We’re dreaming of a retro Christmas, and so is the Johnson County Museum of History (6305 Lackman Road in Shawnee, 913-631-6709). As usual, the museum’s 1950s All-Electric House goes all out with space-age decorations, its halls decked with ideas plucked straight from ’50s women’s mags such as Good Housekeeping and Family Circle. We’re especially excited about the aluminum tree, with its color wheel that changes the tree’s branches from silver to green to pink. (Hey, they didn’t have cable back then.) We’re also intrigued by the display of archival photographs depicting Johnson County families celebrating the holidays and by the era-appropriate gifts under the tree. Mom’s getting hats; Dad, an electric razor. The kids? Games and toys. Tickets are $2 for adults and $1 for children 12 and younger. The house opened Saturday and remains open until December 31. Guided tours are available every half-hour from 1 to 4 p.m. Tuesday through Friday and Sunday. (Tours on Saturdays run from 10 a.m. to 4 p.m.) None of this, however, changes the fact that we still want our iPod Nano.

Monday, November 28
Gerald Dickens‘ name has a certain familiar ring to it, no? Yep, he’s the great-great-grandson of Charles, and he’s in town today to read from A Christmas Carol. He’s an actor who has performed Dickens-style pieces at Gad’s Hill Place (Dickens’ last home), as well as at the Dickens Fellowship in Dickens’ hometown of Rochester, England. He has toured the United States with A Christmas Carol for the past few years, but he reportedly has a soft spot for our area. No word on whether he’ll bring chains to play the part of the Ghost of Christmas Past, though. Dickens reads at 1 p.m. at the Parkville Branch of the Mid-Continent Public Library (8815 Tom Watson Parkway in Parkville, 816-741-4721) and at 7 p.m. at the Antioch Branch (6060 North Chestnut in Gladstone, 816-454-1306). The readings are free, but reservations are requested.

Tuesday, November 29
Let’s do the math. Pony up $35 to become a member of the Kemper Museum of Contemporary Art (4420 Warwick) and score a 20 percent discount on all gift-shop purchases, beginning today from 10 a.m. to 4 p.m. If you spend at least $175 — in other words, take care of some of your holiday shopping — you’ll break even. May we suggest copies of Alex Katz: Small Paintings for your six dearest friends —including us? Call Dawn Biegelsen at 816-457-6128 or see www.kemperart.org to join; the sale ends December 4.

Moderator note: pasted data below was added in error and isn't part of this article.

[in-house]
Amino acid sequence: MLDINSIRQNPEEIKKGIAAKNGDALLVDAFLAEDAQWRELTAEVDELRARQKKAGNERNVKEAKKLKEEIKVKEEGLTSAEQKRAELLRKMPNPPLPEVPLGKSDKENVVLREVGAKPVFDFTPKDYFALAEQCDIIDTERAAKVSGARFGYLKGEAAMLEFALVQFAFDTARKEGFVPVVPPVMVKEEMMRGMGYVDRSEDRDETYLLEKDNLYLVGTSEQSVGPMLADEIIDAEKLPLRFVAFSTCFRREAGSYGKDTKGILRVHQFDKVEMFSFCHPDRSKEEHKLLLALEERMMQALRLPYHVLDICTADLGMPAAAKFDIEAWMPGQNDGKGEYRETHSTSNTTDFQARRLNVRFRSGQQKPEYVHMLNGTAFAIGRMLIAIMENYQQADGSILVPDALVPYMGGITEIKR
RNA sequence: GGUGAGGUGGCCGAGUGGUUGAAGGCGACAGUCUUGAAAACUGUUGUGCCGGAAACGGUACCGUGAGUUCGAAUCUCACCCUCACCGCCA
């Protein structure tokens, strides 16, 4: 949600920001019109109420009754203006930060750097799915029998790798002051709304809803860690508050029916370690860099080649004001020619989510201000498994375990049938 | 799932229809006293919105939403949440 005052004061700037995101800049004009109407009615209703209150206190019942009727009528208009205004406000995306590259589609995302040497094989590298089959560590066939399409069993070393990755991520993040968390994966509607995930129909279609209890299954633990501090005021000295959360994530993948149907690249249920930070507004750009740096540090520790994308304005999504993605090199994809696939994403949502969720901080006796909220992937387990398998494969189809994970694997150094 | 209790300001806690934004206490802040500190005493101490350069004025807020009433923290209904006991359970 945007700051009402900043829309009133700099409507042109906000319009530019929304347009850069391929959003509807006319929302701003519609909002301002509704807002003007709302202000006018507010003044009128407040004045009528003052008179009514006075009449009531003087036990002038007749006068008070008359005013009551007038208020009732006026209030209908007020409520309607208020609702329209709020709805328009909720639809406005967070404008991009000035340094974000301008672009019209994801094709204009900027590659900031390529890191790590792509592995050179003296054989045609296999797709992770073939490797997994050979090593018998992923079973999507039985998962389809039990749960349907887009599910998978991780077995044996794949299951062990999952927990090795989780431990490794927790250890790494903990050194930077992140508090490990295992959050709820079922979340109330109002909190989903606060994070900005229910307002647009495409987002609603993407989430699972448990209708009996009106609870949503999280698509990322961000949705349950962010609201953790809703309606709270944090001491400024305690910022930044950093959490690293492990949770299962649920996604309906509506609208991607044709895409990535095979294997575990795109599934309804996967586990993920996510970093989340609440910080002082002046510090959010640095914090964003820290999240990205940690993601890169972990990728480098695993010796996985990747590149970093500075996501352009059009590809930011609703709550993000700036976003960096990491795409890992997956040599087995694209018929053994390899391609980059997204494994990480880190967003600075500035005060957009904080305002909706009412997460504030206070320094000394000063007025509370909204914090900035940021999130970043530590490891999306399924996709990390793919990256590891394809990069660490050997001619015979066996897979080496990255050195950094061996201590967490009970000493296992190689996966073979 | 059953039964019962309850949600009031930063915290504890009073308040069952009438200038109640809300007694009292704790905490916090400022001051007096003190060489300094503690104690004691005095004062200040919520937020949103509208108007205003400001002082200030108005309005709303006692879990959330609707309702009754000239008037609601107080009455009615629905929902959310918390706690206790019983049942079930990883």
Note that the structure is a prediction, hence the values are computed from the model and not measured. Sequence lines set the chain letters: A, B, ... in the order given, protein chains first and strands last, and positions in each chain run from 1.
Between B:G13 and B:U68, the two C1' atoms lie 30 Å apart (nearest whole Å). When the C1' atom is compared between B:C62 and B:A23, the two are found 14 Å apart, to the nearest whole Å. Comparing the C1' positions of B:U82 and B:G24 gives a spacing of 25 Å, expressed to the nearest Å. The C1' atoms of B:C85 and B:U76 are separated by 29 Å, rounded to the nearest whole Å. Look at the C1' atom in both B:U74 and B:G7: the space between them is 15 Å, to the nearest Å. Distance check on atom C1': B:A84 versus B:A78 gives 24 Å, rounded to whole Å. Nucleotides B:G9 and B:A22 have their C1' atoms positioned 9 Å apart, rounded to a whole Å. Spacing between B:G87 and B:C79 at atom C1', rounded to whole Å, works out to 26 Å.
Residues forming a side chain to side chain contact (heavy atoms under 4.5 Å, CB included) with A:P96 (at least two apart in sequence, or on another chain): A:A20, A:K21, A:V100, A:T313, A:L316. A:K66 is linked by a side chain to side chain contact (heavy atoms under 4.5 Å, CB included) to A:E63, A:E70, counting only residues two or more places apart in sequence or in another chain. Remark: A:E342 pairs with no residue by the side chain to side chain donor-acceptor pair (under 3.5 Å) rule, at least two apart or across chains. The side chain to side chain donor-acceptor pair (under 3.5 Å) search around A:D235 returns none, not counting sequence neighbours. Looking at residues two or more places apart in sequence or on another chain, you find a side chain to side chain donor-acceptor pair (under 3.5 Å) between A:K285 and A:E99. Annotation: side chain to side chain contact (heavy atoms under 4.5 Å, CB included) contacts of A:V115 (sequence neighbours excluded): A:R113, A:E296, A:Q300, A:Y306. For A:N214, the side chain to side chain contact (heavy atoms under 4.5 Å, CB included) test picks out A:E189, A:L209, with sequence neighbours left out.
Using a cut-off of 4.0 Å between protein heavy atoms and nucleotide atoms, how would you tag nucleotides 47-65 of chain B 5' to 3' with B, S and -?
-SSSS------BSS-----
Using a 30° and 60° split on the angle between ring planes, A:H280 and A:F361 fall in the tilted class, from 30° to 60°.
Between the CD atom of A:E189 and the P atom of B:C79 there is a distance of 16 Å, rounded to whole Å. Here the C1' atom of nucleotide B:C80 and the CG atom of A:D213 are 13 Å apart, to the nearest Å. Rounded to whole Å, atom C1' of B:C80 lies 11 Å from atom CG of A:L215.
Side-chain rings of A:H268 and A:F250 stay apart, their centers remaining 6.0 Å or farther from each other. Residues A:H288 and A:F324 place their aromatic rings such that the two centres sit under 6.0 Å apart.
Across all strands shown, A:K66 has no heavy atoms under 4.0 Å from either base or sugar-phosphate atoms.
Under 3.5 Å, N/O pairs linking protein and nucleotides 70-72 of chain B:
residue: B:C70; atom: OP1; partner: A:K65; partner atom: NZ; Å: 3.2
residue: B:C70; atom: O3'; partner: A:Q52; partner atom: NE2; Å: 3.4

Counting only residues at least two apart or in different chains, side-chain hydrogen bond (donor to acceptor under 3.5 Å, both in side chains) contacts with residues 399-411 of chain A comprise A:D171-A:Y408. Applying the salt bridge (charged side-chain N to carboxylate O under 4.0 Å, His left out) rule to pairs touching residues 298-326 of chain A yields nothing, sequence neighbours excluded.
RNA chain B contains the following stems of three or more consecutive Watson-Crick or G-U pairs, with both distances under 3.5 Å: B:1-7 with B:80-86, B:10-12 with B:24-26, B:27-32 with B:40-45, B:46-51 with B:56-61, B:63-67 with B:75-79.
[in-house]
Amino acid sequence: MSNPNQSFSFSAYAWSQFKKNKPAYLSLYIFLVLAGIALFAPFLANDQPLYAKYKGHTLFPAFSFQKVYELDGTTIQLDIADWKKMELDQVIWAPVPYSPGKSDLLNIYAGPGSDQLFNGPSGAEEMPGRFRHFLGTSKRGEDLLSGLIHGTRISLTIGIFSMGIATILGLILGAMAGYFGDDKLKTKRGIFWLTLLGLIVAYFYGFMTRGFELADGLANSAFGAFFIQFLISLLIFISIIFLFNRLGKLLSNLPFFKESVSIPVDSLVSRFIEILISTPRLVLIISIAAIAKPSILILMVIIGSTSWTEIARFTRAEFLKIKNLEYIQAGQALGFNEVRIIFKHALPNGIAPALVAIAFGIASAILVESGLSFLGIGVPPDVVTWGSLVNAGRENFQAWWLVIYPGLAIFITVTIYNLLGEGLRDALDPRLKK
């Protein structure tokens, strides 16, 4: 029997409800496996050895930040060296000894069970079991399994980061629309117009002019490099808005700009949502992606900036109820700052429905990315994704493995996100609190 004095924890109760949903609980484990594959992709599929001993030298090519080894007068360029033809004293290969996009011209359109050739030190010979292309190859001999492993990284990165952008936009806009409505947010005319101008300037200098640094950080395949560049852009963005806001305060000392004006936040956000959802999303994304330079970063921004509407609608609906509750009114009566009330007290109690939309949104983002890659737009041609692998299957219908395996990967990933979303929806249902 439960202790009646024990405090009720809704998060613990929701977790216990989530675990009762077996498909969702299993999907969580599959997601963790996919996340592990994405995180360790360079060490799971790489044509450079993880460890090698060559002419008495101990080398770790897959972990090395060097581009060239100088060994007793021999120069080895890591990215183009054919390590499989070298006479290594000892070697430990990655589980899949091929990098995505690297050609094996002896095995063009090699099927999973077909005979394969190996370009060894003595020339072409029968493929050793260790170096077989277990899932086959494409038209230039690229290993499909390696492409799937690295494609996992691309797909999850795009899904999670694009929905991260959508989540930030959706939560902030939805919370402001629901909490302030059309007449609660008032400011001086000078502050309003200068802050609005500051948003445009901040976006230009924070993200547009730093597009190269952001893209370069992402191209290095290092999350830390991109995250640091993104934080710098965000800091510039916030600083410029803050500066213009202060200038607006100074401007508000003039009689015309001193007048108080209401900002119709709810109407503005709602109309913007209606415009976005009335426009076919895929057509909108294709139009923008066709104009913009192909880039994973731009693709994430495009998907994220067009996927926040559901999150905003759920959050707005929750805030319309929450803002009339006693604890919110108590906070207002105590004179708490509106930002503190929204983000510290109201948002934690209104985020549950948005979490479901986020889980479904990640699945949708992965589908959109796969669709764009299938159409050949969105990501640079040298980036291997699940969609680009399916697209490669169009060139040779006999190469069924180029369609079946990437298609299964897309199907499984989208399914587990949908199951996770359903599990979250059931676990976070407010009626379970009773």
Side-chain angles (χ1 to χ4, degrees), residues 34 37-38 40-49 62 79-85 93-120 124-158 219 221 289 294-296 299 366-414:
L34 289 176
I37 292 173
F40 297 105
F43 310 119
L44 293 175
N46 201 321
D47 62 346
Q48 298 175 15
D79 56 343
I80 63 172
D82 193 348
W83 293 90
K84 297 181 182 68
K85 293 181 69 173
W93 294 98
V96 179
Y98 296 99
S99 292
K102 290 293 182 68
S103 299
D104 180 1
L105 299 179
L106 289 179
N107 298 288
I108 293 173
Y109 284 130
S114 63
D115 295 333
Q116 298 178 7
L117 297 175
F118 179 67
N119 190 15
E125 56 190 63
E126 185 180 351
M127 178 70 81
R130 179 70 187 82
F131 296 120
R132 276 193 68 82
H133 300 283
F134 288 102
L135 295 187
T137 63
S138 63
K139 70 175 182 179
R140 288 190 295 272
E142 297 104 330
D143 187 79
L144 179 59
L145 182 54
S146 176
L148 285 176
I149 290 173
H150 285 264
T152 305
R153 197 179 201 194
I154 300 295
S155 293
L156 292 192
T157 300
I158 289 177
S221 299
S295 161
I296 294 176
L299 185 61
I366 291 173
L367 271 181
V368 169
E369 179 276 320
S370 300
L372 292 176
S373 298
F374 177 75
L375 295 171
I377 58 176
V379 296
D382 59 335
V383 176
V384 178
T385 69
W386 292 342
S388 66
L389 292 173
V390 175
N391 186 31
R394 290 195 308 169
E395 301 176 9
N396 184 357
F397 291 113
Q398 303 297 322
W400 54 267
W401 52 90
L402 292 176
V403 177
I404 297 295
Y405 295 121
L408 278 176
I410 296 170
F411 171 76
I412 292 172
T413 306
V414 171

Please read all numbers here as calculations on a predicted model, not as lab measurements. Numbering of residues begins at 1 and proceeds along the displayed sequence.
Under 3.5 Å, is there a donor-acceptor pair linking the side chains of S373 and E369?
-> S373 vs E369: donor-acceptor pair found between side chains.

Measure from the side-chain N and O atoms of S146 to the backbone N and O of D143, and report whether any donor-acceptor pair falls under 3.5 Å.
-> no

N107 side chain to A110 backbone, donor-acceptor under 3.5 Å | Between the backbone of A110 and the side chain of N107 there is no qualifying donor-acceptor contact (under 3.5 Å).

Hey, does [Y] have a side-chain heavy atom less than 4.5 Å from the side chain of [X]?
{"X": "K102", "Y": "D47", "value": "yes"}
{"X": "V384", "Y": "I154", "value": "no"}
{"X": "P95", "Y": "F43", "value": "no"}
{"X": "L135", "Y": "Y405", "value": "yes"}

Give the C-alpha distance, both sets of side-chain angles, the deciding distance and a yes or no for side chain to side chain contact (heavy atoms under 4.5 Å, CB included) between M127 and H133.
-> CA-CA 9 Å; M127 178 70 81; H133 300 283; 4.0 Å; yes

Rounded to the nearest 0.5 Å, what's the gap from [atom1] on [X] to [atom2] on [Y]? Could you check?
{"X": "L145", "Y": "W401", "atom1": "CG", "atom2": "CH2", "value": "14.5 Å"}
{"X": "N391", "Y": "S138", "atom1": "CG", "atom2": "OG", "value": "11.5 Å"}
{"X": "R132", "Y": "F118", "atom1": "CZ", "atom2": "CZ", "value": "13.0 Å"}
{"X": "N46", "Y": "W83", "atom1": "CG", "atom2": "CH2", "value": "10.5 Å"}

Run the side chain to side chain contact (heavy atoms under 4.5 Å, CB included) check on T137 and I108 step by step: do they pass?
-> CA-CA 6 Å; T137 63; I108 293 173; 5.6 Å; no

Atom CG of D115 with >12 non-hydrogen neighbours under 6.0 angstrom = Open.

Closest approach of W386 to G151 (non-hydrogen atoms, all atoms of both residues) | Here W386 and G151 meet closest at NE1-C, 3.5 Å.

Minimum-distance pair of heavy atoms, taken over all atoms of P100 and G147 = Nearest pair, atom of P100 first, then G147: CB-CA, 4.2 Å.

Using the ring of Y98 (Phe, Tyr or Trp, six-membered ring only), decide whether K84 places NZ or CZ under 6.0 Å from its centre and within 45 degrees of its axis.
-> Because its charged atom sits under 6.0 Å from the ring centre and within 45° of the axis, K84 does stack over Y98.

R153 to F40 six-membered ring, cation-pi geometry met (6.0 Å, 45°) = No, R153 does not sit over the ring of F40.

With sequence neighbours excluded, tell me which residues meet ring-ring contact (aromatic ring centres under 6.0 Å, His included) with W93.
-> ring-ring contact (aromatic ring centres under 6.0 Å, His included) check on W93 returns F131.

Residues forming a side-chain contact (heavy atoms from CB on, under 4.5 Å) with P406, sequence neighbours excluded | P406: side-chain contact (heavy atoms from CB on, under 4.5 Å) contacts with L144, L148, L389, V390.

Wednesday, November 30
Sandra Boynton‘s newest book, Dog Train, is a book-and-CD combo that includes a duet by “Weird Al” Yankovic and Kate Winslet called “I Need a Nap.” The lyrics could be the story of our life: I’m so tired of this day, and I don’t want to play/And I don’t want a story to read. Sadly, though, this song wasn’t written for our age group. Much like the rest of Boynton’s oeuvre, it’s aimed at the preschool set. That much is apparent from Dog Train‘s dedication, which begins, “To all of the terrific children (some of them furry) of the entire Dog Train crew” and lists several names, including “Taddy and Faddy (frogs).” Dog Train may be the only book we have that thanks frogs, now that we think about it. Boynton appears tonight at Head Start of Shawnee Mission (8155 Santa Fe Drive in Overland Park, 913-649-9714). The evening’s activities begin at 5:30. Check out a 9-foot dog train, face painting, show dogs, and local celebs reading Boynton’s books; $40 admits a family of four and includes a copy of the book. Call Head Start to register or for more information.